Building Life From Star-Stuff

Sep 08, 2005

Life on Earth was made possible by the death of stars. Atoms like carbon and oxygen were expelled in the last few dying gasps of stars after their final supplies of hydrogen fuel were used up.

How this star-stuff came together to form life is still a mystery, but scientists know that certain atomic combinations were necessary. Water - two hydrogen atoms linked to one oxygen atom -was vital to the development of life on Earth, and so NASA missions now search for water on other worlds in the hopes of finding life elsewhere. Organic molecules built mostly of carbon atoms are also thought to be important, since all life on Earth is carbon-based.

The most popular theories of the origin of life say the necessary chemistry occurred at hydrothermal vents on the ocean floor or in some sunlit shallow pool. However, discoveries in the past few years have shown that many of the basic materials for life form in the cold depths of space, where life as we know it is not possible.

After dying stars belch out carbon, some of the carbon atoms combine with hydrogen to form polycyclic aromatic hydrocarbons (PAHs). PAHs -- a kind of carbon soot similar to the scorched portions of burnt toast -- are the most abundant organic compounds in space, and a primary ingredient of carbonaceous chondrite meteorites.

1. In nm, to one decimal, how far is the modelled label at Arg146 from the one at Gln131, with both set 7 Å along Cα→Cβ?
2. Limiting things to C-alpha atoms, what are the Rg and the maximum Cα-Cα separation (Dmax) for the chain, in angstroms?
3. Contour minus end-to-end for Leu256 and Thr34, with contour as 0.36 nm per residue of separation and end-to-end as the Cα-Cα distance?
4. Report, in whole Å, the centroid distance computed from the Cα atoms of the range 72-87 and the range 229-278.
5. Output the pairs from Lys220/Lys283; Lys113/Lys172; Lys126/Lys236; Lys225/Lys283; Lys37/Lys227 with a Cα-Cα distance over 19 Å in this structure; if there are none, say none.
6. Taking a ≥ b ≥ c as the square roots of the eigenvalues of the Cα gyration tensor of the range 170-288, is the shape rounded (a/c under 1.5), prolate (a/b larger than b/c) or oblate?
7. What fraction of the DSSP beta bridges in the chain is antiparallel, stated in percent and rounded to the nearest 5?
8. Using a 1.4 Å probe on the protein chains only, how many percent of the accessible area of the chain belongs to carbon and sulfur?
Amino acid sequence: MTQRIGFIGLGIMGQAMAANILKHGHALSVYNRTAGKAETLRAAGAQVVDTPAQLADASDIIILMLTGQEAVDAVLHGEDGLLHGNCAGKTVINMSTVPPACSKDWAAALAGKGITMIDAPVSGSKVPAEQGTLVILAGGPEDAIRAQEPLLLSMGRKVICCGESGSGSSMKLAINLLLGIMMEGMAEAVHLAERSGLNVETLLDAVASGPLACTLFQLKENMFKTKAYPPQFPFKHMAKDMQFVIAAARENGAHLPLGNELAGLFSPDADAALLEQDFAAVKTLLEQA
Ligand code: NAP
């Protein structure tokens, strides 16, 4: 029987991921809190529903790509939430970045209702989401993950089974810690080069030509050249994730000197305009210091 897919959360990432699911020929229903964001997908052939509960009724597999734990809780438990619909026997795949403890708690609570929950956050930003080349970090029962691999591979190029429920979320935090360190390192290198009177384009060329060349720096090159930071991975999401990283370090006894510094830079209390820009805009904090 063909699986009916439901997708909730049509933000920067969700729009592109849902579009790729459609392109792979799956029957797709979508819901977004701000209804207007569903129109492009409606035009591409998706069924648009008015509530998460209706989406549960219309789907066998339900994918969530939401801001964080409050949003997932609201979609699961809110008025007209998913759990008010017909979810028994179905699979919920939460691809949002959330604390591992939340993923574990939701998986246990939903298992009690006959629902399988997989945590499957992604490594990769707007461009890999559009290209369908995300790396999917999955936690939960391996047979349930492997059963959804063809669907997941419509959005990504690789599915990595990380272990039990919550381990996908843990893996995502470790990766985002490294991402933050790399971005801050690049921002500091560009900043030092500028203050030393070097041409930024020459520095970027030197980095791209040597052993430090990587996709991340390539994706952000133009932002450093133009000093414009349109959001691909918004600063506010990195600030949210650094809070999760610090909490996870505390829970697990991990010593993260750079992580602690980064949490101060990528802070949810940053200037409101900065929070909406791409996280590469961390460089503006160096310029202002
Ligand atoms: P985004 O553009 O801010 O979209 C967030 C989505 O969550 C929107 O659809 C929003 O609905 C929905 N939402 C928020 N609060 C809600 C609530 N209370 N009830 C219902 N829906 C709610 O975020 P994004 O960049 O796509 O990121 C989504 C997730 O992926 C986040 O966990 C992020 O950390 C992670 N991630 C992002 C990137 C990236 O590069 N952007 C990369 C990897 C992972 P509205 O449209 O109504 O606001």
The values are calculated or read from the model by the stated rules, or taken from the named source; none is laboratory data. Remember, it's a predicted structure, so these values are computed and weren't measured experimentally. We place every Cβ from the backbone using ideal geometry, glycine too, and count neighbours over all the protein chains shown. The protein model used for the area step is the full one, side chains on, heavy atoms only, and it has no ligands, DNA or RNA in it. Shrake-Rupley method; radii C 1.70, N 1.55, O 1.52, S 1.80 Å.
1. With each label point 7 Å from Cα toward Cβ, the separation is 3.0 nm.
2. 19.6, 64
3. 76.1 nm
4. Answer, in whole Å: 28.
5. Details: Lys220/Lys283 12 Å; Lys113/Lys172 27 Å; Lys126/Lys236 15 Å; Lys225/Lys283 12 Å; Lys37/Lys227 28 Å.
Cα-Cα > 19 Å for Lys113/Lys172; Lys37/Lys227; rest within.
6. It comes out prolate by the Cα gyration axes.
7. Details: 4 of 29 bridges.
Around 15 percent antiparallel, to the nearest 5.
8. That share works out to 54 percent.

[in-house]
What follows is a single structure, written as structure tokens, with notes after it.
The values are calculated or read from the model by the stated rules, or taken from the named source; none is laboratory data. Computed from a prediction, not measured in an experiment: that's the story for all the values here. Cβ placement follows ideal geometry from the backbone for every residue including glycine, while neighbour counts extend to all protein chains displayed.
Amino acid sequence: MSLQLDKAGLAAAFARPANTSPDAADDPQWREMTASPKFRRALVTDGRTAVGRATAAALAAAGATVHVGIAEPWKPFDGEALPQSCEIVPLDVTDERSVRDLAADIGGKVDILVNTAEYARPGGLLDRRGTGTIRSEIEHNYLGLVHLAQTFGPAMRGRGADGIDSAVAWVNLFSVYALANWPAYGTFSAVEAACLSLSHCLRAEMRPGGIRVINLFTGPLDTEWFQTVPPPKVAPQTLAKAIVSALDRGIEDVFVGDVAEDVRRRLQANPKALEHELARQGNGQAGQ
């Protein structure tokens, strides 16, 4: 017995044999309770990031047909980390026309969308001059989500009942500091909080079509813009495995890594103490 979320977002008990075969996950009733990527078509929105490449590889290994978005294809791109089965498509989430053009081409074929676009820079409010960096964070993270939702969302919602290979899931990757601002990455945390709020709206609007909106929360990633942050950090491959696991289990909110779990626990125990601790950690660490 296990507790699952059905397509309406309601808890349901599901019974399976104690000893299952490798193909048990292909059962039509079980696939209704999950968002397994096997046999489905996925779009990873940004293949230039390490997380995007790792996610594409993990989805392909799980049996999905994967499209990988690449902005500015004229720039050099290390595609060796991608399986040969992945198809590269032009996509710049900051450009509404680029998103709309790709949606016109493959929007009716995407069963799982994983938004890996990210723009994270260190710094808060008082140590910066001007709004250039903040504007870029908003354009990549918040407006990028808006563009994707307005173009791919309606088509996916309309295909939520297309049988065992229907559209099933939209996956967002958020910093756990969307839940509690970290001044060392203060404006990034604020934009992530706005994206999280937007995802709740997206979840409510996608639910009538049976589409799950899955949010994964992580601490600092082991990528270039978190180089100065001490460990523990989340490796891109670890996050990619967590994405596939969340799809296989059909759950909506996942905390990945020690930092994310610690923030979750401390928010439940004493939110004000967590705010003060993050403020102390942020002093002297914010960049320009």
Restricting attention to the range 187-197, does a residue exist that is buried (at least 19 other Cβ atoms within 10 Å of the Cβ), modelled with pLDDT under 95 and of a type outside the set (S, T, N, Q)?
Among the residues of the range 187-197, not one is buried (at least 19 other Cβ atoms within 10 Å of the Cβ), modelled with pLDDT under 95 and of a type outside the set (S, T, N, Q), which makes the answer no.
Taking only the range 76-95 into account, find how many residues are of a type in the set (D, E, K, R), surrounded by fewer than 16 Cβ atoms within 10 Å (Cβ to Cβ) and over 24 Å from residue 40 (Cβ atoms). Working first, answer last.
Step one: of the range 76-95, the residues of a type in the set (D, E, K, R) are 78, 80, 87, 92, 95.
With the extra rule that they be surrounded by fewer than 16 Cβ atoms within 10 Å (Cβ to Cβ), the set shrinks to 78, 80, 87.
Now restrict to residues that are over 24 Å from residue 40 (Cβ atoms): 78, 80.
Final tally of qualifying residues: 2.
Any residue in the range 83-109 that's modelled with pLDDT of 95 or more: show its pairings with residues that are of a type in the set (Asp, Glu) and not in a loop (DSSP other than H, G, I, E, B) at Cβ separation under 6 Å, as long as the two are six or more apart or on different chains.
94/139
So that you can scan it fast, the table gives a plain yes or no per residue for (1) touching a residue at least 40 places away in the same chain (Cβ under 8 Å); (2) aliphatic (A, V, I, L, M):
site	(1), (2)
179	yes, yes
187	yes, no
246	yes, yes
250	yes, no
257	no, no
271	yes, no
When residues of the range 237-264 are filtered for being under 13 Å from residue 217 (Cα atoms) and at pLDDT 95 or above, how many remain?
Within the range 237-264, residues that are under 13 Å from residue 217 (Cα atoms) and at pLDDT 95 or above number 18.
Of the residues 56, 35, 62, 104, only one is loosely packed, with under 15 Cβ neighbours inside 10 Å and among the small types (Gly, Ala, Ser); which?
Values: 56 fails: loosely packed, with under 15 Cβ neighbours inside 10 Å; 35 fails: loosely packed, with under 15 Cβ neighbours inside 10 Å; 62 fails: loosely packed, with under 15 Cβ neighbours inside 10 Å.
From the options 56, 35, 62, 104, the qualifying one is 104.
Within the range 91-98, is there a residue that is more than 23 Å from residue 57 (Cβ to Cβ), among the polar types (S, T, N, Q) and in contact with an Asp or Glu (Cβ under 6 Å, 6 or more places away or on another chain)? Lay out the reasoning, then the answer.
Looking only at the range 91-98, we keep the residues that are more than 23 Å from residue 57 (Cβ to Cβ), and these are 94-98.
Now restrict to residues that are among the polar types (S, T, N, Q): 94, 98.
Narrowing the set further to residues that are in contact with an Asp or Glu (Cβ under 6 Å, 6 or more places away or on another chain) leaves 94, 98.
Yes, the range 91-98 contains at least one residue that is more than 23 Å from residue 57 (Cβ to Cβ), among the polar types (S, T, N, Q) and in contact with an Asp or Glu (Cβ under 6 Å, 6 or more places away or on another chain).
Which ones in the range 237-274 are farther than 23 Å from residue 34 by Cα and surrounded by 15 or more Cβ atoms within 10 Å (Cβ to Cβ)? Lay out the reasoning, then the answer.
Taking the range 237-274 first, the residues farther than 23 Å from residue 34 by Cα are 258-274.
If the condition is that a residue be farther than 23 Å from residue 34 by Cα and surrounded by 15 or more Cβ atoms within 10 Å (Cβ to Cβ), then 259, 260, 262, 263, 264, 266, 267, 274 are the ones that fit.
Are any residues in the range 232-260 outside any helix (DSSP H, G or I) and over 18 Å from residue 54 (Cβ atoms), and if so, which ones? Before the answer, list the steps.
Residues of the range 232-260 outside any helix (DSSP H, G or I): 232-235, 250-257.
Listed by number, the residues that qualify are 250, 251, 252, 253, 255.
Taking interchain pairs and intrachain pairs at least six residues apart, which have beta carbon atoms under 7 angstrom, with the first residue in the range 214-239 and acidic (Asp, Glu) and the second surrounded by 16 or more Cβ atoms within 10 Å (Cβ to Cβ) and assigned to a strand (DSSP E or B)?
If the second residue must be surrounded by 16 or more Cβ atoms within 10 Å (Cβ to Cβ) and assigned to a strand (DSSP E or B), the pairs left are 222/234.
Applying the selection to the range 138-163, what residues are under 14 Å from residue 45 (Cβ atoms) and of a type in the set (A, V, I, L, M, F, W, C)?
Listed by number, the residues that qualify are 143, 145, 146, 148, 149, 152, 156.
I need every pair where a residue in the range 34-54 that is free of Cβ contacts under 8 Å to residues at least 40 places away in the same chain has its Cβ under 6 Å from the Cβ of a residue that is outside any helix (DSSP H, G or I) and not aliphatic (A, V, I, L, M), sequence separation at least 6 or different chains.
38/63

Although PAHs aren't found in living cells, they can be converted into quinones, molecules that are involved in cellular energy processes. For instance, quinones play an essential role in photosynthesis, helping plants turn light into chemical energy.

The transformation of PAHs occurs in interstellar clouds of ice and dust. After floating through space, PAH soot eventually condenses into these "dense molecular clouds." The material in these clouds blocks out some but not all of the harsh radiation of space. The radiation that does filter through modifies the PAHs and other material in the clouds.

Infrared and radio telescope observations of the clouds have detected the PAHs, as well as fatty acids, simple sugars, faint amounts of the amino acid glycine, and over 100 other molecules, including water, carbon monoxide, ammonia, formaldehyde, and hydrogen cyanide.

The clouds have never been sampled directly -- they're too far away -- so to confirm what is occurring chemically in the clouds, a research team led by Max Bernstein and Scott Sandford at the Astrochemistry Laboratory at NASA's Ames Research Center set up experiments to mimic the cloud conditions.